• The debate ended when one particular woman who’d been actively commenting said that Brock could have stopped his behavior any time during those 20 minutes, and the fact that he didn’t proved he had an evil heart. My reply was, Of course he has an evil heart. I’ve never denied that. My point is, we ALL have hearts full of sin that need redemption! That’s why I wrote the blog. She did agree, but reiterated that she disagreed with my Scriptural application. I could have prolonged the debate and asked her, “What do YOU think Jesus would have said to Brock?”  I know what Jesus wouldn’t have done. He wouldn’t have plastered Brock’s face all over social media so that everyone could hate on him.

I would love to get your take on my question. What do YOU think Jesus would say to Brock?





For those of you without sin

After seeing Brock Turner’s face on social media one too many times, I’ve had enough. Today, I even read that some Wiccan coven is bringing hexes and curses down on him, because, legal experts that they are, they don’t believe Brock’s sentence is harsh enough. So they, the media, and Americans as a whole have set out to crucify him. And boy, don’t they feel good about themselves. They would NEVER commit such a terrible deed.

If Brock Turner ends up committing suicide, I can already hear the cheering and the celebratory whoops.


I’m pretty sure I know why this particular rapist, among the thousands already out there, is being made an example of. And I bet I know why this particular CRIME, out of all the murders and assaults that take place daily, is being singled out. But that’s not what I want to write about. I want to explore the question, WHAT WOULD JESUS DO if he had a chance to sit down and chat with Brock Turner?

Here’s an actual example from Luke’s gospel. I’ve just changed a few words to reflect current events.

To some who were confident of their own righteousness and looked down on everyone else, Jesus told this parable: “Two men went up to the church to pray, one an evangelical Christian and the other a rapist. The Christian stood by himself and prayed: ‘God, I thank you that I am not like other people—robbers, evildoers, adulterers—or even like this horrible rapist. I fast twice a week and give a tenth of all I get.’

“But the rapist stood at a distance. He would not even look up to heaven, but beat his breast and said, ‘God, have mercy on me, a sinner.’

“I tell you that this man, rather than the other, went home justified before God. For all those who exalt themselves will be humbled, and those who humble themselves will be exalted.”

I wonder what the Wiccans would say to that.

And here’s another example that we’re all familiar with. Again, the changed words are in red.

At dawn he appeared again in the courts, where all the people gathered around him, and he sat down to teach them. The media brought in a young college student caught in the act of raping an unconscious woman. They made him stand before a jury, and when the judge sentenced him to only six months,  they said to Jesus, “Teacher, this man, Brock Turner, was caught in the act of rape.  Because he victimized a woman, he deserves to be castrated. Now what do you say?” They were using this question as a trap, in order to have a basis for accusing him.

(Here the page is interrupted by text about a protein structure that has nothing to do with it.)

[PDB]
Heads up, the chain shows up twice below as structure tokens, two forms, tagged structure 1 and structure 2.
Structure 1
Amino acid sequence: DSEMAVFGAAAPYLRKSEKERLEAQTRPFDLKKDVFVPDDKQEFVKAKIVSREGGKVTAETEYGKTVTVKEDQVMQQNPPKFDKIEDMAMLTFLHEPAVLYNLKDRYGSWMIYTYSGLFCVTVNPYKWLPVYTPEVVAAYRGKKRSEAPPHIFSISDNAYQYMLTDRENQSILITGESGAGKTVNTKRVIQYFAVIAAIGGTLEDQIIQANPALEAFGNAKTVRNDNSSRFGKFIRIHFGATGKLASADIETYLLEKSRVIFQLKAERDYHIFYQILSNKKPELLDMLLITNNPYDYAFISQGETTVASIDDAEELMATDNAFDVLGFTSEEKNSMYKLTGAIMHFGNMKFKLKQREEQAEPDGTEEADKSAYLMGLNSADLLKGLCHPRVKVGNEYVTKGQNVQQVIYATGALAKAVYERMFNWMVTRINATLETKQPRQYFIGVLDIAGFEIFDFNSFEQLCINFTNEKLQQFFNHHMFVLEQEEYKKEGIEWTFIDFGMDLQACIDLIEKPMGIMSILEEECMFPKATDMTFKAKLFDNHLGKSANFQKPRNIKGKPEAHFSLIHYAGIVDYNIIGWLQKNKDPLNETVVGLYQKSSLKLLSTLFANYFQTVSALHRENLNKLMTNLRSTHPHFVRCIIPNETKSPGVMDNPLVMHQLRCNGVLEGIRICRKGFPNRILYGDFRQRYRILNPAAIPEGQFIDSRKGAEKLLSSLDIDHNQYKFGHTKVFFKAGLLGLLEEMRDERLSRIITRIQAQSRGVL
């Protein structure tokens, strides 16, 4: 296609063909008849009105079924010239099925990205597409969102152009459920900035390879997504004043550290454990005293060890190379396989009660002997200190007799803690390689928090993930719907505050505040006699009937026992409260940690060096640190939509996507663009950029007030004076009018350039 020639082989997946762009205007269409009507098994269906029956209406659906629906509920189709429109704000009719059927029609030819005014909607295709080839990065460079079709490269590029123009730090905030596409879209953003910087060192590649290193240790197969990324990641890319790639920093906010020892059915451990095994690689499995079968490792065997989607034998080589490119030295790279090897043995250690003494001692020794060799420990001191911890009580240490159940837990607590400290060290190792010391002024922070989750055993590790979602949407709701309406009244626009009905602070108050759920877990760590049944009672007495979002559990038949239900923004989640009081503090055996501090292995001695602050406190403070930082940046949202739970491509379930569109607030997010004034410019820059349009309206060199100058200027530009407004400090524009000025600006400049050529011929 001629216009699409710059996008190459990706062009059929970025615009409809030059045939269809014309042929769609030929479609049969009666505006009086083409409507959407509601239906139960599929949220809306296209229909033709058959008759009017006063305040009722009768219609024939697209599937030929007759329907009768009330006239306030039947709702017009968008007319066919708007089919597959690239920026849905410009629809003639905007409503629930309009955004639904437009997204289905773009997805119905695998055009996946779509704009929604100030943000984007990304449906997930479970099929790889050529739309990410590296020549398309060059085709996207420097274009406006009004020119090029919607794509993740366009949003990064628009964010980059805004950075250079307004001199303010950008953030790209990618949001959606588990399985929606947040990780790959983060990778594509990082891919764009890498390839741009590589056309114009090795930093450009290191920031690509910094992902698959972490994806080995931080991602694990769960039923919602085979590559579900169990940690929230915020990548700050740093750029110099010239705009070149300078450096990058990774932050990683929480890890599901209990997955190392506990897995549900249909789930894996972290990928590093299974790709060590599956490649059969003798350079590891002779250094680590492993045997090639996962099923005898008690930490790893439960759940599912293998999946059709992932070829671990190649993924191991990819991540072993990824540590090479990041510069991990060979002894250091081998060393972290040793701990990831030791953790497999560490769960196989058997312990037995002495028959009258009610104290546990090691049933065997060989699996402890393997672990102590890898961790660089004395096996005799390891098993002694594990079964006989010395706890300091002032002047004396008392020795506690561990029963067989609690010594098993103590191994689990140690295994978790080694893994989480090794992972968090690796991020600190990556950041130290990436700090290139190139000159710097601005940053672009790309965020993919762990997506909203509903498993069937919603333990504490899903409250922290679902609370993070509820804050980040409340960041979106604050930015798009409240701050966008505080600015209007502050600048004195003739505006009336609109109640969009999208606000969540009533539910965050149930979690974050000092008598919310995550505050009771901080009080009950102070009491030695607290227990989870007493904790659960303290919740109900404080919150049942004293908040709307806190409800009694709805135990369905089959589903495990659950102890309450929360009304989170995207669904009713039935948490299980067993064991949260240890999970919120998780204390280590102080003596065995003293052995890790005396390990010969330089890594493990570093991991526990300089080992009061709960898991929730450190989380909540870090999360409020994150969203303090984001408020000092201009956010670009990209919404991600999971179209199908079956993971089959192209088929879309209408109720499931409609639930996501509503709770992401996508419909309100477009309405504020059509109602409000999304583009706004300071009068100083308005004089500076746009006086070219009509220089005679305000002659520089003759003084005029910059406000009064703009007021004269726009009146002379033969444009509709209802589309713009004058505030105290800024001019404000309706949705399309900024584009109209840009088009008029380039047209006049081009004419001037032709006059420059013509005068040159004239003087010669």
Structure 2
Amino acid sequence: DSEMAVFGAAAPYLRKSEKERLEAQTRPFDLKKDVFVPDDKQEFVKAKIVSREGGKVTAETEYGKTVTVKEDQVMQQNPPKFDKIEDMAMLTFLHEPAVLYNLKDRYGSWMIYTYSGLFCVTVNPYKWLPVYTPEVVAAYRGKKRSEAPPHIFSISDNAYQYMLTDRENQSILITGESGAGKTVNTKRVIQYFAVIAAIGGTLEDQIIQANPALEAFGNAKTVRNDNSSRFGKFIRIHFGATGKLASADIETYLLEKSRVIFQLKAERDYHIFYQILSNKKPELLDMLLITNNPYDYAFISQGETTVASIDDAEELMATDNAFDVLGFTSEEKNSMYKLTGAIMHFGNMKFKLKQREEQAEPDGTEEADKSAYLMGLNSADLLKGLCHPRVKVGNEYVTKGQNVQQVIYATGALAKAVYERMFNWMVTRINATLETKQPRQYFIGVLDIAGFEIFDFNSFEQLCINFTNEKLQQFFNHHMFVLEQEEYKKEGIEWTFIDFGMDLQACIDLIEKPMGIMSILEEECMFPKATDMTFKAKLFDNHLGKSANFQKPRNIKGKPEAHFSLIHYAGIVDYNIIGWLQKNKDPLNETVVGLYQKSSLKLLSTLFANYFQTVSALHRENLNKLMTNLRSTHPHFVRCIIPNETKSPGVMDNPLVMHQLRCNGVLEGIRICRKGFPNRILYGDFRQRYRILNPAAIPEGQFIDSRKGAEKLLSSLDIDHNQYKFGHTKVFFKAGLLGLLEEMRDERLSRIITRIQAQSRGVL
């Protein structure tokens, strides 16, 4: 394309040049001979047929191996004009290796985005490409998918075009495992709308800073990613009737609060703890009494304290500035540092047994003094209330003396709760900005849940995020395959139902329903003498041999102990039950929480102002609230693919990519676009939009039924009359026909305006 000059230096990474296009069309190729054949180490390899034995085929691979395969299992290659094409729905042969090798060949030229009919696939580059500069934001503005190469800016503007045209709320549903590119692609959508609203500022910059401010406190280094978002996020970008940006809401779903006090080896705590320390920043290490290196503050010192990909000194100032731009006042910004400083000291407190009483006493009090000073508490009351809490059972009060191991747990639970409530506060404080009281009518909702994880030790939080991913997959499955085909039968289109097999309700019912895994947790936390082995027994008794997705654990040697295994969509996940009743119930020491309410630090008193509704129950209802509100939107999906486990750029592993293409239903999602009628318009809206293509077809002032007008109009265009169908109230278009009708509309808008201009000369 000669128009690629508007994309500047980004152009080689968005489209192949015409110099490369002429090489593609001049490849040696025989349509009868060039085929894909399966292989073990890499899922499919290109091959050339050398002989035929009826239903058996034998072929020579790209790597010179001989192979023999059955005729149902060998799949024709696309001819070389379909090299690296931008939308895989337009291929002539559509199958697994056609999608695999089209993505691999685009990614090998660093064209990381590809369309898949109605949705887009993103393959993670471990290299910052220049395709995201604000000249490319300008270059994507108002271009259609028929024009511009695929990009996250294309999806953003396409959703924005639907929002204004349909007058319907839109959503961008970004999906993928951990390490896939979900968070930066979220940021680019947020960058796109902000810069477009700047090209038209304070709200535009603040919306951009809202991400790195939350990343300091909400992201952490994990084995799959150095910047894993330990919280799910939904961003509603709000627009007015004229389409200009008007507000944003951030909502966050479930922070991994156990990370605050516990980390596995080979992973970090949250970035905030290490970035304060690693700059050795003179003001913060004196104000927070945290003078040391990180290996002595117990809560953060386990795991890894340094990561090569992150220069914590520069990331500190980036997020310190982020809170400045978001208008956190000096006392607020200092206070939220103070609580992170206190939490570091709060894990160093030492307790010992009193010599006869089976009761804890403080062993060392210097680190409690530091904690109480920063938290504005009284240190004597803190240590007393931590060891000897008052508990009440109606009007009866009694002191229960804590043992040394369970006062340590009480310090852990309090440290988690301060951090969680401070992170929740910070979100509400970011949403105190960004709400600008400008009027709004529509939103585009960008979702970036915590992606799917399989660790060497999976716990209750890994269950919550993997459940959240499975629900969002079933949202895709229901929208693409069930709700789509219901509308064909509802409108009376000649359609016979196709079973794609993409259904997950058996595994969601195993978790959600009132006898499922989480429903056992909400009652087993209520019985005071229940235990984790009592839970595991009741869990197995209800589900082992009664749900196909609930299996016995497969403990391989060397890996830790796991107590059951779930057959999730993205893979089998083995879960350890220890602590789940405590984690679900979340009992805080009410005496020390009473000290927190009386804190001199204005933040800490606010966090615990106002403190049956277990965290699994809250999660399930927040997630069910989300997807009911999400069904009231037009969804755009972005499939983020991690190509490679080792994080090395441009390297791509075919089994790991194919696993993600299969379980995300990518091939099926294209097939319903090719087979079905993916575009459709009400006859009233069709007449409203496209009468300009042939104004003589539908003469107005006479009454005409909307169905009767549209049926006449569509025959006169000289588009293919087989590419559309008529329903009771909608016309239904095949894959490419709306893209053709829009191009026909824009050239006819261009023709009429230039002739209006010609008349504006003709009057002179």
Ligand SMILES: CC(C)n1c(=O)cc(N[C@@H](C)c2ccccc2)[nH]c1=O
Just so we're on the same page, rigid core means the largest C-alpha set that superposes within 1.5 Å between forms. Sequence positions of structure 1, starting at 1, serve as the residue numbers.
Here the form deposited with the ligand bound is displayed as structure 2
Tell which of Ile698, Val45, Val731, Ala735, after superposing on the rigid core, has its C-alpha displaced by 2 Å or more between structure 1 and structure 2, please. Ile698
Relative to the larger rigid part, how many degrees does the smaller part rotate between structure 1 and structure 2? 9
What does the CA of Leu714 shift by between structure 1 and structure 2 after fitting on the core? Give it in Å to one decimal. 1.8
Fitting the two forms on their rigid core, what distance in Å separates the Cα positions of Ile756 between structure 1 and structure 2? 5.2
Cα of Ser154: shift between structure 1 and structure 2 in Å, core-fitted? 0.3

But Jesus bent down and started to write on the ground with his finger. When they kept on questioning him, he straightened up and said to them, “Let any one of you who is without sin be the first to pick up the knife.” Again he stooped down and wrote on the ground.

At this, those who heard began to go away one at a time, the older ones first, until only Jesus was left, with the man still standing there. Jesus straightened up and asked him, “Young man, where are they? Has no one condemned you?”

“No one, sir,” he said.

“Then neither do I condemn you,” Jesus declared. “Go now and leave your life of sin.”


Q&A with former Solo Mama, Angela

Today I visited with Angela, who solo-parented for two years during her children’s formative years. I loved her insights…so many things she said resonated with me. Let’s sit down, sip some English Breakfast tea, and hear what she has to share with us.

tea pot

DVC: The verse Lamentations 2:19 was especially meaningful to me while raising my children alone. It says, “Pour out your heart like water before the face of the Lord; lift up your hands toward Him for the life of your children.” Was there a particular verse or passage that really encouraged or uplifted you during your single-parent years?

A: Oh yes! My favorite passages during that time came from the Psalms. I learned in Psalm 34 that the Lord would be my protector, provider, and He would answer me in my time of trouble. He would rescue me from my fears! Psalm 34:6 said I didn’t need to be ashamed. When I felt ashamed at the failure of my marriage, at the shortcomings of being a single mom, I could turn there and find hope.

DVC: Tell us how long you single-parented, and how old your kids were at the time.

A: I solo-parented for two years. My children were elementary through junior high at the time. But as many women experience, the weight of parenting fell on me throughout their earlier years as well.

DVC: During my single years, my parents and my ex’s parents really stepped in and helped with things like transportation and meals. Did you have a strong support network?